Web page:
City Hall Lays Out Plan for Borei Keila Evictees

Phnom Penh municipality officials met with about 100 evictees of the city’s Borei Keila neighborhood Tuesday to try and resolve their long-running land dispute with businesswoman Suy Sophan, whose firm, Phanimex, owns the area.

Since being violently thrown out of their makeshift homes in January 2012, they have been living in ramshackle tents behind the apartment blocks the company built for some of the previous evictees. Phanimex has failed to build all of the promised blocks, however, and has yet to develop the eviction site.

“This work is something the Phnom Penh municipality has never done before. We want it to be accurate and balanced, so that there is hope for you,” Deputy Governor Khuong Sreng told the villagers inside the Chenla Theater.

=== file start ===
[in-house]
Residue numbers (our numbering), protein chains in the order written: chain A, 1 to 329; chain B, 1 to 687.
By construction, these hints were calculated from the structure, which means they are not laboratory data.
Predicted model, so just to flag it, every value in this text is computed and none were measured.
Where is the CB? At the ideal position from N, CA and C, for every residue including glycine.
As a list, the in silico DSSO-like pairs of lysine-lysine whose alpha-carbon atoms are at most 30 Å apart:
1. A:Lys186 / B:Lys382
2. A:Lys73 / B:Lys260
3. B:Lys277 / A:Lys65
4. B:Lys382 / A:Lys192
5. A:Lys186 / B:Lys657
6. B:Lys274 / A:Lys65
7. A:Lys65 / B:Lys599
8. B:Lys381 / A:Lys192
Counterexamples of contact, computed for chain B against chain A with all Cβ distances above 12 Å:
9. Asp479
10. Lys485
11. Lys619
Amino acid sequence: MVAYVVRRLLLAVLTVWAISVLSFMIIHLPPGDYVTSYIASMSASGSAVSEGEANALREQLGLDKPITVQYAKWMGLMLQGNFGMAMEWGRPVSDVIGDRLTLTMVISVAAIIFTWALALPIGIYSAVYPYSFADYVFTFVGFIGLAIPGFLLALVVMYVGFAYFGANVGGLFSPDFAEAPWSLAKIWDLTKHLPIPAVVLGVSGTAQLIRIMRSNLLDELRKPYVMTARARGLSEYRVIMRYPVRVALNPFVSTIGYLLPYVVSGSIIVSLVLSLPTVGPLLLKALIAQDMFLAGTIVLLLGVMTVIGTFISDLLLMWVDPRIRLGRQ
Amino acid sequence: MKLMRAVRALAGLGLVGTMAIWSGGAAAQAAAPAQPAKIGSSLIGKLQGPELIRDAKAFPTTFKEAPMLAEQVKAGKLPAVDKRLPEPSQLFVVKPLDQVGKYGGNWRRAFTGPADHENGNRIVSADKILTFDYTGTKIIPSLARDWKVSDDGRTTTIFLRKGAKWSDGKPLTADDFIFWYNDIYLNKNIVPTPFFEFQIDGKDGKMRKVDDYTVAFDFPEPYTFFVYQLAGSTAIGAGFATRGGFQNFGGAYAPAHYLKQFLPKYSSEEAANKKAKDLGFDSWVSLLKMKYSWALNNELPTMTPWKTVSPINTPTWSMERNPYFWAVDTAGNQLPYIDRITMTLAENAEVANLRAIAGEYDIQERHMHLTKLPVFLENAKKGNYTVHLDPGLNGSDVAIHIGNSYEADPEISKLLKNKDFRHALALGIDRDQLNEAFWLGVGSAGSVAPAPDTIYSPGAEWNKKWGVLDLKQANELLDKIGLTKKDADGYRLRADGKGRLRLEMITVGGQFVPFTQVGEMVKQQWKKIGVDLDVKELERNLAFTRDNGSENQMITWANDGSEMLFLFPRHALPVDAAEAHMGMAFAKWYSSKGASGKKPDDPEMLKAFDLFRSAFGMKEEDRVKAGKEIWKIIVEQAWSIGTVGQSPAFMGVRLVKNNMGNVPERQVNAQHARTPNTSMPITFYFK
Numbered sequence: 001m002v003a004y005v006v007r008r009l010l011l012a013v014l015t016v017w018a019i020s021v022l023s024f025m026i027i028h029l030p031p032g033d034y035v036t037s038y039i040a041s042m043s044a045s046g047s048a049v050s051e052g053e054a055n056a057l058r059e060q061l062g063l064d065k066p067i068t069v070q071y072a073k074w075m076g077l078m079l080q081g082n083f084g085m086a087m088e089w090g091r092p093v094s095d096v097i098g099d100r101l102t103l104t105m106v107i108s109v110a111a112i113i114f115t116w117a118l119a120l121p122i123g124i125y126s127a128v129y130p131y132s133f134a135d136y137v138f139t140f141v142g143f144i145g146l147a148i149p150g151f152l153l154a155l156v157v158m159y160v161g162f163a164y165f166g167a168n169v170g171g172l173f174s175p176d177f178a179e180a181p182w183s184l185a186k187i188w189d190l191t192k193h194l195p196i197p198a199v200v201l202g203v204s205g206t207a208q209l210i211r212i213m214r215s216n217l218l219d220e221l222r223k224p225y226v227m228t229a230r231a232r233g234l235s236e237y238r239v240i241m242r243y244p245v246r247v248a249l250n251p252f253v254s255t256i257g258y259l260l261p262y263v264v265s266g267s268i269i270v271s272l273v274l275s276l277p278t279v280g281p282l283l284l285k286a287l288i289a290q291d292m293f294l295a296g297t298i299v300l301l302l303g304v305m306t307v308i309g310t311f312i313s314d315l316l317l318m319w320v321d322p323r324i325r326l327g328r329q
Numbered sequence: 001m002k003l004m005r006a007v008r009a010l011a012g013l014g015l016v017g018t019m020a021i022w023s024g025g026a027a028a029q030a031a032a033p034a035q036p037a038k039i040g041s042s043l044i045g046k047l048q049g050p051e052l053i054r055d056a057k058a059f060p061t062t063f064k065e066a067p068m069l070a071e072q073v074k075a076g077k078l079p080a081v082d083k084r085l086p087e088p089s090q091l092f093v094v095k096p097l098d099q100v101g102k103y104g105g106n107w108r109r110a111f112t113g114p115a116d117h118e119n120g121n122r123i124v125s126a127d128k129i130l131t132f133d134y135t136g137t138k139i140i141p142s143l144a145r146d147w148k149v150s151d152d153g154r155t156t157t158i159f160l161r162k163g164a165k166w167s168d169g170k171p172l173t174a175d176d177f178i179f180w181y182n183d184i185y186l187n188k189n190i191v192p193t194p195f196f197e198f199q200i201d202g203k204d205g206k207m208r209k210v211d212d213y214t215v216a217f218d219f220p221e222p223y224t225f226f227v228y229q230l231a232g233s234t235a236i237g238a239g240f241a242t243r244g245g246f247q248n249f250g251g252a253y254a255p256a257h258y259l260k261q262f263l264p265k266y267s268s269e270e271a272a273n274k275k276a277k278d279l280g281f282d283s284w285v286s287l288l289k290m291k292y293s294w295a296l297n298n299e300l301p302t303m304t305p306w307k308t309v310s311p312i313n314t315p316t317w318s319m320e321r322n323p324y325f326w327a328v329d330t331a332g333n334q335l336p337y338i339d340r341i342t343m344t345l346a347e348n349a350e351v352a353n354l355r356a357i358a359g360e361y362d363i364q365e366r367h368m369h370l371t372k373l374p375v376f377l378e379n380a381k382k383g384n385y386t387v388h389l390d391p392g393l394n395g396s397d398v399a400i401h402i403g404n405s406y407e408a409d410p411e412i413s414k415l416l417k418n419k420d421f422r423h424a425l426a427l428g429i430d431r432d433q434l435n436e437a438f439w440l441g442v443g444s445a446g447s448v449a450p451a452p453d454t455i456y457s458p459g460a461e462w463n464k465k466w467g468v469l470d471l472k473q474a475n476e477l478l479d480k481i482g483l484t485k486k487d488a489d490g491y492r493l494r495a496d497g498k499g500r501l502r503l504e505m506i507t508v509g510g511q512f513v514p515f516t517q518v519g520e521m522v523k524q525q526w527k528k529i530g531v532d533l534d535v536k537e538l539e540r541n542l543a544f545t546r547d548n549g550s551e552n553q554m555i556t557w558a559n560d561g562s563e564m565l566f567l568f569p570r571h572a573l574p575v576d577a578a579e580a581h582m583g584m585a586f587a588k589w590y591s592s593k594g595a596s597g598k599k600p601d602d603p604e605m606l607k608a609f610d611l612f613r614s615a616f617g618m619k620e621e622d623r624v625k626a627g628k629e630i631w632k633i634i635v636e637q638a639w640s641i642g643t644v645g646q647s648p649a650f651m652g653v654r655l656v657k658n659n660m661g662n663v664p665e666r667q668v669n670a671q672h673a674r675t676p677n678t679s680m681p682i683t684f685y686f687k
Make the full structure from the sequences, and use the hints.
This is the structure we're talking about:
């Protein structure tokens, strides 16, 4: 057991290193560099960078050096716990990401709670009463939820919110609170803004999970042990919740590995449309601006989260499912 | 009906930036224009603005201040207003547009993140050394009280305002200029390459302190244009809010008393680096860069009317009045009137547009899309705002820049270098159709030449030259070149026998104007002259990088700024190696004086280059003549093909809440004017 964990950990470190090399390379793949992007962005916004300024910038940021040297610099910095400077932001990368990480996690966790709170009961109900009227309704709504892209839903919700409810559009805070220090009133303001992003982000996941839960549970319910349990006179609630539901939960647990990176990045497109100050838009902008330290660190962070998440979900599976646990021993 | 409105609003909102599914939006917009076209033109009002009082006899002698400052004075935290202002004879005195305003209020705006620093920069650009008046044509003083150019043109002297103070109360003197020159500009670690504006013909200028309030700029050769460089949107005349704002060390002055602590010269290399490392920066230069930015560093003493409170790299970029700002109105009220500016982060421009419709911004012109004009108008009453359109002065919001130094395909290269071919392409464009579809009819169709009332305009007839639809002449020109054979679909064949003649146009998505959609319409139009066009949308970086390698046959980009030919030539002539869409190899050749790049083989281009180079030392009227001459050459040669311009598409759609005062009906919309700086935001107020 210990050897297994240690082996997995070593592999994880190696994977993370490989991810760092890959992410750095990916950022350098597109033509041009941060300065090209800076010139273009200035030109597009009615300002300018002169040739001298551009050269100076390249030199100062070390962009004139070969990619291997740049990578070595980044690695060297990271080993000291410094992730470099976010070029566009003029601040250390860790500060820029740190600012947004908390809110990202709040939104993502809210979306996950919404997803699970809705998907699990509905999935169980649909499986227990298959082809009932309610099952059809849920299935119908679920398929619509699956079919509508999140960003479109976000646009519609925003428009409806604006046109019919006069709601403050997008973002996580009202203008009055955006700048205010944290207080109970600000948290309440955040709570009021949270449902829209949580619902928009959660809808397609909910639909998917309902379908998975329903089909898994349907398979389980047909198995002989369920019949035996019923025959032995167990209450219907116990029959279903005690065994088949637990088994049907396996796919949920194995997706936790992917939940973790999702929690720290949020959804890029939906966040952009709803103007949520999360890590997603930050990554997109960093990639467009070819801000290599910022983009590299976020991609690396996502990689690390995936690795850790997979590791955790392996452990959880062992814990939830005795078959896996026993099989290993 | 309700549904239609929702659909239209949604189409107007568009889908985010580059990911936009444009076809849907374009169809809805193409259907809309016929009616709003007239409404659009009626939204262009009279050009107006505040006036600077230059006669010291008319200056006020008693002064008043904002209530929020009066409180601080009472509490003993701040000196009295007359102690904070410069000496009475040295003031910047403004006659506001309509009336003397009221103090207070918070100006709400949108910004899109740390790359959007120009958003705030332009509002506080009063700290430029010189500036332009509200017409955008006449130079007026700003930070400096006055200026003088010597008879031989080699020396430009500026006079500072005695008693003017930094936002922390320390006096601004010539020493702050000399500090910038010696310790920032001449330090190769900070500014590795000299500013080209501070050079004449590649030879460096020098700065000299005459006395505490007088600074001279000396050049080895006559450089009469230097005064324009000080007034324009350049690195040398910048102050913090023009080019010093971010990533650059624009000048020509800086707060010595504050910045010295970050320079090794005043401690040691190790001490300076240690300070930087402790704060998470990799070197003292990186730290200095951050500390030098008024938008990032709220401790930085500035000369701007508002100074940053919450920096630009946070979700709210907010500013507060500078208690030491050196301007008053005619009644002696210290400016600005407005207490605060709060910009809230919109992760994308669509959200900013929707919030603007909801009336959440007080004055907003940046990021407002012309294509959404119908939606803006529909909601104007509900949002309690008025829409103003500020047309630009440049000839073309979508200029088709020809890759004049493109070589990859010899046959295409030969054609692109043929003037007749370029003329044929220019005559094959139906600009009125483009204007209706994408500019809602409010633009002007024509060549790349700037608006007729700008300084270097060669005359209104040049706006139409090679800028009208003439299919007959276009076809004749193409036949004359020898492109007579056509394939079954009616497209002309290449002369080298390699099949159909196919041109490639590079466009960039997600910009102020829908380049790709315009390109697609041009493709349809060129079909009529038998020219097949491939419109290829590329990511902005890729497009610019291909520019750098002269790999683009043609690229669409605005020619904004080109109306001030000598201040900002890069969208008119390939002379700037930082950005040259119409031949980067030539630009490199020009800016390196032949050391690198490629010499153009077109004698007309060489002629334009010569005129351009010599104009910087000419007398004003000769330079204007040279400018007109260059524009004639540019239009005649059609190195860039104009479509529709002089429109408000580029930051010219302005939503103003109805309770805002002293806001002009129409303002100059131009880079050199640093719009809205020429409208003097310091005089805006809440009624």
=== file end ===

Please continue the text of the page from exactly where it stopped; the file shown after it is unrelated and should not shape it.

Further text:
He said the city wanted to know exactly how many people had the proper documentation to qualify for replacement housing and urged those without the necessary paperwork to stop protests they have been holding around the city.

“So if you qualify you will get a house and if you do not qualify, [Governor Pa Socheatvong] will resolve the issue by offering another site,” Mr. Sreng said.

City Hall plans to erect better temporary shelters for those currently living in the tents while officials decide who qualifies for either a house or the relocation site. “We will release the results when we finish the study. We can’t finish it all in one day because we have to review it case by case,” Mr. Sreng said.

Run Sophat, 25, lives in one of the tents and delivered a baby four days ago. She told officials she was concerned she would not qualify for a house because, despite having a number of documents, her mother once spelled her name incorrectly on their valuation papers for their old home.

“I’ve been living here since 1989, but I’m very angry that they refused to let me live in building 6,” she said, referring to one of the apartment blocks built by Phanimex.

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